1. Torii Hunter signs in the Motor City

In one of the very first moves of winter preceding the onslaught of activity, the Detroit Tigers upgraded their outfield by signing aging veteran Torii Hunter. While the prime of Hunter’s
career is in his rearview mirror, he proved this past summer with the Los Angeles Angels that he can still be a cornerstone, batting a career-best .313 while knocking in 92 runs. Hunter had the fifth-best Wins Above Replacement in the American League amongst position players with 5.5, which would essentially make him the second most valuable player on the Tigers roster if he can keep up that production. The Tigers made it all the way to the World Series last fall before falling to the Giants, but the addition of Torii Hunter should provide a nice boost to help
get them over the hump. Even better for the Tigers is the price tag that came with him. While the Angels signed Josh Hamilton for $125 million over five years, the Tigers added the American
League’s second most valuable outfielder last season for only $26 million over two years. He may not be the Torii Hunter of old, flashing the leather in centerfield and robbing home runs, but his
stats prove him to be a valuable asset, and the Tigers hope they can milk the last productive years out of him in the search for a World Series title.

2. The Blue Jays sign outfielder Melky Cabrera to a two-year deal

As of today, it certainly seems as though the Toronto Blue Jays were the big winners of the winter. They made a couple of blockbuster trades, including the R.A. Dickey deal, along with the massive trade they made with the Miami Marlins that landed them Jose Reyes and Josh Johnson. While those two trades certainly help the Blue Jays become instant contenders, the signing of Melky Cabrera for two years and $16 million flew mostly under the radar due to the rest of their seismic activity. Cabrera was enjoying an MVP-type season with the Giants last summer, hitting a whopping .346 before he was suspended for performance-enhancing drug use. While Cabrera may not have the type of season with the Blue Jays that he was having with the Giants, he is certainly still a valuable asset, and at $8 million a year, he is an efficient asset. Cabrera’s 2012 was an outlier in statistical terms to the rest of his career, but he’s always been a serviceable piece. If he does replicate the tear he was on in San Francisco, then the Jays may have themselves the steal of the offseason.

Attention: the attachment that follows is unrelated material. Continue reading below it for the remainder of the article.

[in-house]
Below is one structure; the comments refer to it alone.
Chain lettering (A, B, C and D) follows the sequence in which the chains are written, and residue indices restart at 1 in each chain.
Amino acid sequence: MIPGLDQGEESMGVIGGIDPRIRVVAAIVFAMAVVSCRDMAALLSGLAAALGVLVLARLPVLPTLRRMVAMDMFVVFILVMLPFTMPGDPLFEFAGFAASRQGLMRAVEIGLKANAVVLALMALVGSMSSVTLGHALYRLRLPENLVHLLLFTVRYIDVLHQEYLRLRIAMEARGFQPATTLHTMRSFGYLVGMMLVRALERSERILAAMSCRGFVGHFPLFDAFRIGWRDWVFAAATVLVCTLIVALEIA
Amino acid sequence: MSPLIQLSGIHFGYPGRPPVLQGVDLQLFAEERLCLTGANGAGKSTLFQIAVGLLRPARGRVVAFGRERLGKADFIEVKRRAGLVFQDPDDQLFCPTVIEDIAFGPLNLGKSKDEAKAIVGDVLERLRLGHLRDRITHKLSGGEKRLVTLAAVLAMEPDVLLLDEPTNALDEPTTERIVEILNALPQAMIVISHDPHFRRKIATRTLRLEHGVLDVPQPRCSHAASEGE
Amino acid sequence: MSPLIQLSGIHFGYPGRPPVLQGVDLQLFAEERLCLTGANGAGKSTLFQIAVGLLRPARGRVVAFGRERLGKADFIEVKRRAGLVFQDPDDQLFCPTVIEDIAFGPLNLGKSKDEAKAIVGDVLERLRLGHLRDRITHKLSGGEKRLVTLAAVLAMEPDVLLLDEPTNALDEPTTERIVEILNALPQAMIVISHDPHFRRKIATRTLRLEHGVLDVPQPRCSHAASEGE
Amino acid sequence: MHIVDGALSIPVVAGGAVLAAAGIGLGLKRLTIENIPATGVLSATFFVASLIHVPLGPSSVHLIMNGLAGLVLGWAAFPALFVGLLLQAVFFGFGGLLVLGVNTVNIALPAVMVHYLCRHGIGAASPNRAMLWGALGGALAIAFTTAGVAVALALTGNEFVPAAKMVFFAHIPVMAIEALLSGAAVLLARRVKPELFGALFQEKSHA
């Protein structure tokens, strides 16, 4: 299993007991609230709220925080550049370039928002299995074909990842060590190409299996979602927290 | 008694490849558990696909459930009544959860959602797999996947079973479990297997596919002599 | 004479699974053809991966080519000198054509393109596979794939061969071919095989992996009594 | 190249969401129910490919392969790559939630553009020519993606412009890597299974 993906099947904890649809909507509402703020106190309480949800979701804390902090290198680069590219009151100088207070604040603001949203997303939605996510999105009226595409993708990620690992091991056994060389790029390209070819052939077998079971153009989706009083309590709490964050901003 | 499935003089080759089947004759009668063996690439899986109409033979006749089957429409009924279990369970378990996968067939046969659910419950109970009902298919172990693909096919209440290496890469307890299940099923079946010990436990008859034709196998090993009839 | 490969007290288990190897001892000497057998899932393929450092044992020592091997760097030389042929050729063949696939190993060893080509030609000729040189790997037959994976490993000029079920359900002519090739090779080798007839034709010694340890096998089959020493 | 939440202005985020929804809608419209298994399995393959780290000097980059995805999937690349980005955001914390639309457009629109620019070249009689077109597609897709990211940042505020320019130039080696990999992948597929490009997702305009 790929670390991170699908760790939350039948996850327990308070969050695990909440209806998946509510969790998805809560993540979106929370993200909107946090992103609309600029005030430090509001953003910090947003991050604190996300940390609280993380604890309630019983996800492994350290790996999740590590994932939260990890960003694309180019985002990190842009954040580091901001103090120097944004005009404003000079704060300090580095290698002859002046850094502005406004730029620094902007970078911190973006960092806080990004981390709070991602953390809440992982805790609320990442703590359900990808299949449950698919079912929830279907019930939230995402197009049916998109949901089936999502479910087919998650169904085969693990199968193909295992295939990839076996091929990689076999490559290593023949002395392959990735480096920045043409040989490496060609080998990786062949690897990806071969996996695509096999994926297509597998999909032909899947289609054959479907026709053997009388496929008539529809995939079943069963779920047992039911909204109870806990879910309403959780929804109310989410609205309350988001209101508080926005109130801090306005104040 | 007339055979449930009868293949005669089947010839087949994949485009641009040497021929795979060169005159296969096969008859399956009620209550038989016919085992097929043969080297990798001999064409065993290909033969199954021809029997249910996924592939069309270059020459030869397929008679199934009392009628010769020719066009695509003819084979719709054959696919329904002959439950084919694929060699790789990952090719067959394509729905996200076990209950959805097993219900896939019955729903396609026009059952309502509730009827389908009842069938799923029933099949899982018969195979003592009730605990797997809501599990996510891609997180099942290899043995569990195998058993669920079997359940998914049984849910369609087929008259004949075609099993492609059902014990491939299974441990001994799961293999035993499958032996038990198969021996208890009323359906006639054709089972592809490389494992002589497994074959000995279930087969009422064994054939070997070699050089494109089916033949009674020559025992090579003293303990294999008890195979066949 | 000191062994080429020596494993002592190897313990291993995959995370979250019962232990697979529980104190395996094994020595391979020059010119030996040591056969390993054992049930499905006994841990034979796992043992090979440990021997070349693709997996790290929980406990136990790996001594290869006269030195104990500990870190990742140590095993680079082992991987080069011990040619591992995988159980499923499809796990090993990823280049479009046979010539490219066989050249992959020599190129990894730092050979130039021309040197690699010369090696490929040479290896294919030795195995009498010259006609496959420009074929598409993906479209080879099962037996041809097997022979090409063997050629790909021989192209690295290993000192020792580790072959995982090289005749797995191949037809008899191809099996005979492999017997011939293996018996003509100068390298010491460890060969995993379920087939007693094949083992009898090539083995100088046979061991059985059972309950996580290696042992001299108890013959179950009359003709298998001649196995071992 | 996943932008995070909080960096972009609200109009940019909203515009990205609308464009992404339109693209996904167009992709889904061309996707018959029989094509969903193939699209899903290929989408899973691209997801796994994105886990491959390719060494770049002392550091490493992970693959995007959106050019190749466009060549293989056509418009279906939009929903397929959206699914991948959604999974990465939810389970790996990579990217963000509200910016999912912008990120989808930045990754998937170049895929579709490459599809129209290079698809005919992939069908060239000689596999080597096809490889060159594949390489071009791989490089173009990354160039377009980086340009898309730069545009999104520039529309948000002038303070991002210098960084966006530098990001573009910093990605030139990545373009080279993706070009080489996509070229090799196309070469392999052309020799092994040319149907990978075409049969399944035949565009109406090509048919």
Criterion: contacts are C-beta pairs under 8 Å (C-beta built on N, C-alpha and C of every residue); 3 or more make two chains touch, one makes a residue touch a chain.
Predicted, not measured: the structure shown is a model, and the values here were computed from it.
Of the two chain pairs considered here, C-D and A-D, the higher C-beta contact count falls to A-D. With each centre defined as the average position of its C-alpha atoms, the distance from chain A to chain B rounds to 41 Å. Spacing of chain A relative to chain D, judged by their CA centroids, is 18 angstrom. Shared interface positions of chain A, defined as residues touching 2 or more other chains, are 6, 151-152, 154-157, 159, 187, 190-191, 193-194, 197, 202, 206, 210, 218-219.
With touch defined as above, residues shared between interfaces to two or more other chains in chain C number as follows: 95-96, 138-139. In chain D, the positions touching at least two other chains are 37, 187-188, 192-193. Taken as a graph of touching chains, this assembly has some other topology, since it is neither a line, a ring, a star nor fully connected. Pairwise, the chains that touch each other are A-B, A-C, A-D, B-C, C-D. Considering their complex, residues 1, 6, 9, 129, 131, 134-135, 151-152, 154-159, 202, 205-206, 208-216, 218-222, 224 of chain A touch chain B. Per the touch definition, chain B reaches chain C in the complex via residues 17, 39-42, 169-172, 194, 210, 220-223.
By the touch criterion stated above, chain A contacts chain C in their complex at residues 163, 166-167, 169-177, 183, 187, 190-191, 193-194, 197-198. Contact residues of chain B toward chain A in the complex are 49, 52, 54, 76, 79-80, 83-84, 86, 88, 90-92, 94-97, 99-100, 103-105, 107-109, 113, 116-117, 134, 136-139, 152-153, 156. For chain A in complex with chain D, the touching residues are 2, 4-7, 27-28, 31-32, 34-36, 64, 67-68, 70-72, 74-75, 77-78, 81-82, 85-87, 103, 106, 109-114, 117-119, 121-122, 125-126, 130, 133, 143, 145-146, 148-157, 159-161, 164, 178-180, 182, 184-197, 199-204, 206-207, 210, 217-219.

3. The New York Mets acquire minor leaguers Travis d’Arnaud and Noah Syndergaard in exchange for R.A. Dickey

OK, so this trade may have been classified as a blockbuster when it went down, but not because of what the Mets landed. In mid-December, the Mets sent the reigning National League
Cy Young winner to Toronto in exchange for a plethora of highly ranked prospects. While Dickey being dealt did send some shockwaves through Major League Baseball, not many people
took notice of what the Mets got in return for the 38-year-old starter. In the deal, they landed the top catching prospect in all of baseball, Travis d’Arnaud, along with hard-throwing pitching
prospect Noah Syndergaard. While dealing a Cy Young winner is tough, Dickey wasn’t a typical ace. His age makes him a risk to sign long-term, and relies on the often unreliable knuckleball.
While Dickey’s last two seasons were booming successes, the Mets capitalized on his value, and in return landed the type of haul that can change a franchise's future. The Texas Rangers did an about-face when they dealt slugging first baseman Mark Teixeira to the Braves, and it would appear as though the Mets just made a similar type of deal. Yes, this trade wasn’t quite under the radar, but what the Blue Jays acquired was.